The life of a homeschool parent means spending a lot of time rejecting the school system, defending counter-culture decisions to naysayers, and gaining self-confidence to be different in a very public way.
Yet after fifteen years of this behavior, parents make the irrational decision to send their kids to college when it’s clear that college is just a repackaged version of failing schools in the US.
In case you think you have some research that shows a college degree makes for a good life, here is a detailed retort against the people trying to prove the value of college still, somehow, exists.
But you probably don’t need research. You can read the editorial in USA Today about how the board of directors at Penn State has not been able to bring themselves to take down a prominent statue on campus of Joe Paterno. The courts have already heard testimony that he knew about child molestation from his coaching staff and did not report it. And now it’s been shown that the school’s football team benefited immensely from Paterno’s silence on the matter.
You’d think this would be enough to shut down the football program and regroup. But it’s not even enough to take down a statue of Paterno. Because so much of college is about sports. This is a stark example of how the sports culture in college has eclipsed all other values, and when you pay for college, you’re paying for something else besides coursework.
So it might be good news to hear that Open Culture has a detailed analysis on why the university system will not last even another twenty years because the financial structure is a house of cards: Nearly 100% of students are taking out loans and far less than half those students are paying back the loans. Meanwhile, the cost of college is doubling every nine years. So here’s what to do about using the idea of college as a homeschool crutch:
1. Recognize that parents, not kids, choose to go to college.
Yet in the face of all of this, homeschoolers still talk about college as an end goal.
This is true for me, too. The inevitability of college is a frequent backdrop for discussion in our family. But I scoff at the public school system—I’m totally happy to let my kid play in dirt all day. I have one of the most anti-school approaches to homeschooling yet I still tell my kids insidious, indoctrinating things like, “You can have Pepsi with dinner when you go away to college.”
Homeschooler thinking is that the college degree is proof that homeschooling works. People tell me that I should stop writing about how parents should approach college because it’s really the kid’s decision, but really, the parents are the ones pushing college from an early age. It’s like religion—by the time kids are old enough to choose, they’ve been indoctrinated.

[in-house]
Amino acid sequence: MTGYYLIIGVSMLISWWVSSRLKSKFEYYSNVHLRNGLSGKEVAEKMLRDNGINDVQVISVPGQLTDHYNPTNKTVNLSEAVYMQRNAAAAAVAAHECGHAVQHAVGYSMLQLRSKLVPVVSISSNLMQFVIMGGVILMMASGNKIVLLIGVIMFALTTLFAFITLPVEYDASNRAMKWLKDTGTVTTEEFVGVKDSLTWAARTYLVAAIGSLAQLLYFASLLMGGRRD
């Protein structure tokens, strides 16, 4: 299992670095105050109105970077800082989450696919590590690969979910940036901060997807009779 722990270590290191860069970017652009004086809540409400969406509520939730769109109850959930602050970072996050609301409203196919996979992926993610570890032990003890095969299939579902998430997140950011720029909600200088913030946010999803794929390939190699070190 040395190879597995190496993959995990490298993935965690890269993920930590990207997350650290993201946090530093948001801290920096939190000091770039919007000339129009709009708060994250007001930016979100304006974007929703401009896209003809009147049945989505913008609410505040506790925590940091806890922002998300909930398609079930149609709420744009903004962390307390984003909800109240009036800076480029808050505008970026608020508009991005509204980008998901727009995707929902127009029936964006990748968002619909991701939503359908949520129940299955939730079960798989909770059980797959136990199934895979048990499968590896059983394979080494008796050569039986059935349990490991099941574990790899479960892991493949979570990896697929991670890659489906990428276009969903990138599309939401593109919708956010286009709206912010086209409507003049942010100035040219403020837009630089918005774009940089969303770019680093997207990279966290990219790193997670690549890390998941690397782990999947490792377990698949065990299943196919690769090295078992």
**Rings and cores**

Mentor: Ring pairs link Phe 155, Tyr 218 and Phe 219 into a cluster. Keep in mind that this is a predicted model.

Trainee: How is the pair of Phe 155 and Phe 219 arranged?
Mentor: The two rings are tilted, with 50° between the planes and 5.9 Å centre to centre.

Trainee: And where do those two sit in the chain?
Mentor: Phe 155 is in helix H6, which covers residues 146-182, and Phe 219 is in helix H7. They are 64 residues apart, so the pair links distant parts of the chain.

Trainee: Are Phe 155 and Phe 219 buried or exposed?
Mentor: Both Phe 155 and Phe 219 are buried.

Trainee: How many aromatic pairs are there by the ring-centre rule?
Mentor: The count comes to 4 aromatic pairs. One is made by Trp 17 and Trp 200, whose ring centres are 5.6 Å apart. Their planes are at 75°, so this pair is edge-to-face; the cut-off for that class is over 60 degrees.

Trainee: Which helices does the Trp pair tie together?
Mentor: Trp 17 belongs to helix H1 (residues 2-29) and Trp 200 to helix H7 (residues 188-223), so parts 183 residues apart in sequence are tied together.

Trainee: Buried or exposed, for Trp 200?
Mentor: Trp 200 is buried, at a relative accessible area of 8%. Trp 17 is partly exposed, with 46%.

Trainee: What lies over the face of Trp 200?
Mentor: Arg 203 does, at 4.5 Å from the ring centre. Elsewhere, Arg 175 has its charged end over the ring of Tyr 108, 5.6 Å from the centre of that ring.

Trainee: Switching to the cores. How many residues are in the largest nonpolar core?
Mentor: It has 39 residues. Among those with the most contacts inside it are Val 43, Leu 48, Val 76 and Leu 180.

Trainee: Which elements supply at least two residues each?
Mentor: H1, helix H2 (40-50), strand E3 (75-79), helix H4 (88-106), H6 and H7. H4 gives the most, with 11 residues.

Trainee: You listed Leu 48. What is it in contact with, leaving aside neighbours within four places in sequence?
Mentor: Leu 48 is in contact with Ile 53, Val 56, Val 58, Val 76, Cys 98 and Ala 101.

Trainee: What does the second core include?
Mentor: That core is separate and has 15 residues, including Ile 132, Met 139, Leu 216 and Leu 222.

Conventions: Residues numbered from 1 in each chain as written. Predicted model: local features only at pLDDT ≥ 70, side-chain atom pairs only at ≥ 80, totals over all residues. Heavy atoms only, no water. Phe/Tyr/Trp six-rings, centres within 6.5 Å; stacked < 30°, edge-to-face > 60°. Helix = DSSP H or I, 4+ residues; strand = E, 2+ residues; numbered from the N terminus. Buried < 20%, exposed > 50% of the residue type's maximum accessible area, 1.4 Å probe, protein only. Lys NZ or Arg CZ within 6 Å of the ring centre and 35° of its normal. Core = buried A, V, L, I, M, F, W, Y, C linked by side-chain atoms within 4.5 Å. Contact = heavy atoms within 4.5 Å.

2. Admit that college is a crutch for homeschool parents.
But for parents, college is the seal of approval for the parents’ decision to take the kids out of mainstream schooling. Which means that the homeschooler’s we’re-going-to-college mentality is probably more for the parents than the kids.
University of California strategy professor Steve Postrel says that people pay for college precisely because education is terrible. On StrategyProfs, Postrel suggests people are paying exorbitant tuition out of desperation to validate the idea that somehow the seal of approval from an education system still matters and their kid has it.
Parents want to believe that while kids are not employable when they are 17, if they go to college for four years, then they are employable. Of course, this line of thinking has been debunked a million times. College does not make someone employable. And Will Richardson, speaking at the International Society for Technology in Education said, “While countless Americans can’t find jobs, countless companies can’t find workers.” And Peter Thiel’s foundation to help kids drop out of college is the technology sector’s vote against college.
3. Take responsibility for your kid’s first career instead of dumping the task on colleges.
It’s scary to send a kid out into the world without a college degree. Because then the parents really need a plan to help the kid become employable. If you can’t dump the kid in college and say it is the college’s responsibility to get the kid a job, then homeschooling becomes about the job hunt.
Which is probably what it should be. Parents are big on saying that kids are learning about themselves and learning about the world. But that’s what a good career is, too—learning about yourself and having a challenging learning curve.
If there were less of a black line between the joys of homeschooling and the seriousness of work, then I think more of us could take responsibility for making our kids employable. This would also take a huge burden off of the homeschool parents who spend fifteen years bucking the system that’s free and then paying insanely high fees to get into the system when it costs money.